• Truth: Digital meters are rigorously tested for accuracy even before they leave the manufacturing plant.
  • Truth: Public service commission’s across the nation require meter manufacturers to supply independently certified testing results to prove that their meters generate on-the-mark measurements.
  • Truth: Prior to installation, utilities repeatedly perform accuracy tests, often side-by-side with analog meters.

Repeated tests confirm digital meters are accurate, in some cases even more accurate than analog meters.

  • Truth: In-depth review of the scientific literature by the World Health Organization (WHO) revealed the small amount of radio frequency (RF) energy produced by wireless enabled digital meters is not harmful to human health.
  • Truth: RF emitted by wireless enabled digital meters is well below the limits set by Federal Communications Commission and it is below levels produced by other common household devices like cell phones, baby monitors, satellite TVs, and microwaves. In fact, you would have to be exposed to the RF from a digital meter for 375 years to get a dose equivalent to that of one year of 15-minutes-per-day cell phone use.

No credible evidence shows any threat to human health from RF emissions at or below RF exposure limits developed by the FCC. With over 25,000 articles published on the topic over the last 30 years, scientific knowledge in this area is now more extensive than for most chemicals.

  • Truth: Just as the banking, credit card and cable industries have provided secure access to your information online, the utility industry is poised to do the same using advanced security and encryption technology to safeguard your data.
  • Truth: Utilities are involved in national consortiums and work with national cyber security to regularly audit their systems to ensure privacy and security of digital meters.

The privacy of your data is protected and utilities work constantly to safeguard it. That will not change with the use of digital meters.

  • Truth: Digital meters must meet safety requirements and standards spelled out in the National Electric Safety Code (NESC).
  • Truth: Public service commissions require independent certification proving digital meters are safe and show resistance to heat, fire, voltages, surges and self-heating.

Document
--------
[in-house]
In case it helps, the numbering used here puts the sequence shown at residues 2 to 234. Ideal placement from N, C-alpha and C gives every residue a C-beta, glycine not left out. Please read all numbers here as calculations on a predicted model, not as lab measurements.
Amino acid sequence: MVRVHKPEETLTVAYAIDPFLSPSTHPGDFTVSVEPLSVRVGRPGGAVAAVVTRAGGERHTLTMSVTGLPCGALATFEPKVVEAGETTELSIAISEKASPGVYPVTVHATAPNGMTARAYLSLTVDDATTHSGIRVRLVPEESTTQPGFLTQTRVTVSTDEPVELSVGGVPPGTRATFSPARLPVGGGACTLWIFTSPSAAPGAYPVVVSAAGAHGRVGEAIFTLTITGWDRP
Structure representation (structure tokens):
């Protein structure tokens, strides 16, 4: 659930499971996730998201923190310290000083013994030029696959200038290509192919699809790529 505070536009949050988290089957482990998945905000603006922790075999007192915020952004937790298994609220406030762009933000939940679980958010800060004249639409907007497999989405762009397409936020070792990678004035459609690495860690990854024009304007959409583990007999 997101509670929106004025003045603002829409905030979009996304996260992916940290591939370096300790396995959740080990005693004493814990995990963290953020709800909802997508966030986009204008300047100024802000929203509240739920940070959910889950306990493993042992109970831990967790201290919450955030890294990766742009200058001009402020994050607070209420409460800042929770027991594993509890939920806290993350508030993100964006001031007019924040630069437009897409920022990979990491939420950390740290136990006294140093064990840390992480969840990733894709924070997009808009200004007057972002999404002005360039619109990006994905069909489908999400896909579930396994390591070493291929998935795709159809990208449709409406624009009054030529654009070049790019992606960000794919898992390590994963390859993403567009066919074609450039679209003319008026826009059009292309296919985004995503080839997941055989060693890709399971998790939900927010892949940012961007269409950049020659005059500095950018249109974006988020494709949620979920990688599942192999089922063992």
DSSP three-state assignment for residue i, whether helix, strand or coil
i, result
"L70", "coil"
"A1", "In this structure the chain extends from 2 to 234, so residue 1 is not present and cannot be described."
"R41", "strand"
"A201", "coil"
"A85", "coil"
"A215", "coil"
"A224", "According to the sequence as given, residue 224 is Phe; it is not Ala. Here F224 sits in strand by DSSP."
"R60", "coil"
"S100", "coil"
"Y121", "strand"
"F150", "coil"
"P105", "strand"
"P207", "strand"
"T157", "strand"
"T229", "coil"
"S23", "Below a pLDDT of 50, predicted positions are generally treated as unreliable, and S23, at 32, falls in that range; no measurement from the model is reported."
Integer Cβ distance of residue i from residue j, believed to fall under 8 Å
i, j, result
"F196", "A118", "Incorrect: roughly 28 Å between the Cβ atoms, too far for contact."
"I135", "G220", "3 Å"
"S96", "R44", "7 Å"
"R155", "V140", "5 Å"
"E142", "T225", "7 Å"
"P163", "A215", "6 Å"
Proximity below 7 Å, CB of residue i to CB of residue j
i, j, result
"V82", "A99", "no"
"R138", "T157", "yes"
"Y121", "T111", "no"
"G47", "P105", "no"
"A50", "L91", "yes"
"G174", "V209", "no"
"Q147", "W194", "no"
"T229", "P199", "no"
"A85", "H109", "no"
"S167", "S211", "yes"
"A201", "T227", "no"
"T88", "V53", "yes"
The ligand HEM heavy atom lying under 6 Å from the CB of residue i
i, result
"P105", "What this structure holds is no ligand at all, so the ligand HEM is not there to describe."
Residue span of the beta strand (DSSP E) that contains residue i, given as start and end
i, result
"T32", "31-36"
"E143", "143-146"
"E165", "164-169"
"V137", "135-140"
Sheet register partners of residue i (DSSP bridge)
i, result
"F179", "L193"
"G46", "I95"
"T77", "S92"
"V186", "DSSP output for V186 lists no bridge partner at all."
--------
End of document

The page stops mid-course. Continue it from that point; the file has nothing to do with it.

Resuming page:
Companies manufacturing meters produce certifiably safe and reliable equipment. Nevertheless, meters should be installed and uninstalled by trained professionals exercising standard safety precautions.

  • Truth: Meters measure how much energy you use, based on time of day, not how you use that energy. Unless you install a home energy management system, the meters cannot tell whether the energy used is from your oven, air conditioner or hairdryer.
  • Truth: Utilities adhere to strict policies, following state laws regulating the use of personal information for business functions like billing and customer service.

Digital meters are a landmark change allowing two-way communication between your utility and you, much like cell phones and banking. Utilities keep your data private and secure, similar to those industries and similar to how it has always been.

  • Truth: Meters measure and transmit your energy use directly to your utility, eliminating the practice of estimated bills, which means no more surprises on your electric bill.
  • Truth: Meters provide you with periodic energy use data throughout the day on how much, when and in some cases, at what price, you use energy. Armed with this information, you can take more control over your energy consumption—and your monthly bills.
  • Truth: Working as a part of the smart grid, digital meters improve power outage detection and notification. The meters electronically report the location of outages before you ever have to call your utility, making restoration faster and status notification to you much easier.

Greater reliability, faster power restoration, convenience and control are just a few of the many benefits of digital meters.

Separating myths from reality allows you to take advantage of all the benefits that a smarter, more modernized electric grid offers. It is important to stay informed and learn about the different ways your utility is deploying smart grid and digital meters to improve their electric service. For trusted information about smart grid and digital meters, visit the Smart Grid Consumer Collaborative (SGCC) at, or the US Department of Energy at

Victory Electric’s AMI electric meters include technology allowing them to be read without physical access to the meter. These meters improve meter reading efficiencies and accuracy, but even with remote reading capabilities, the member is responsible for keeping the meter clear of obstructions and provide Victory Electric with access to the meter.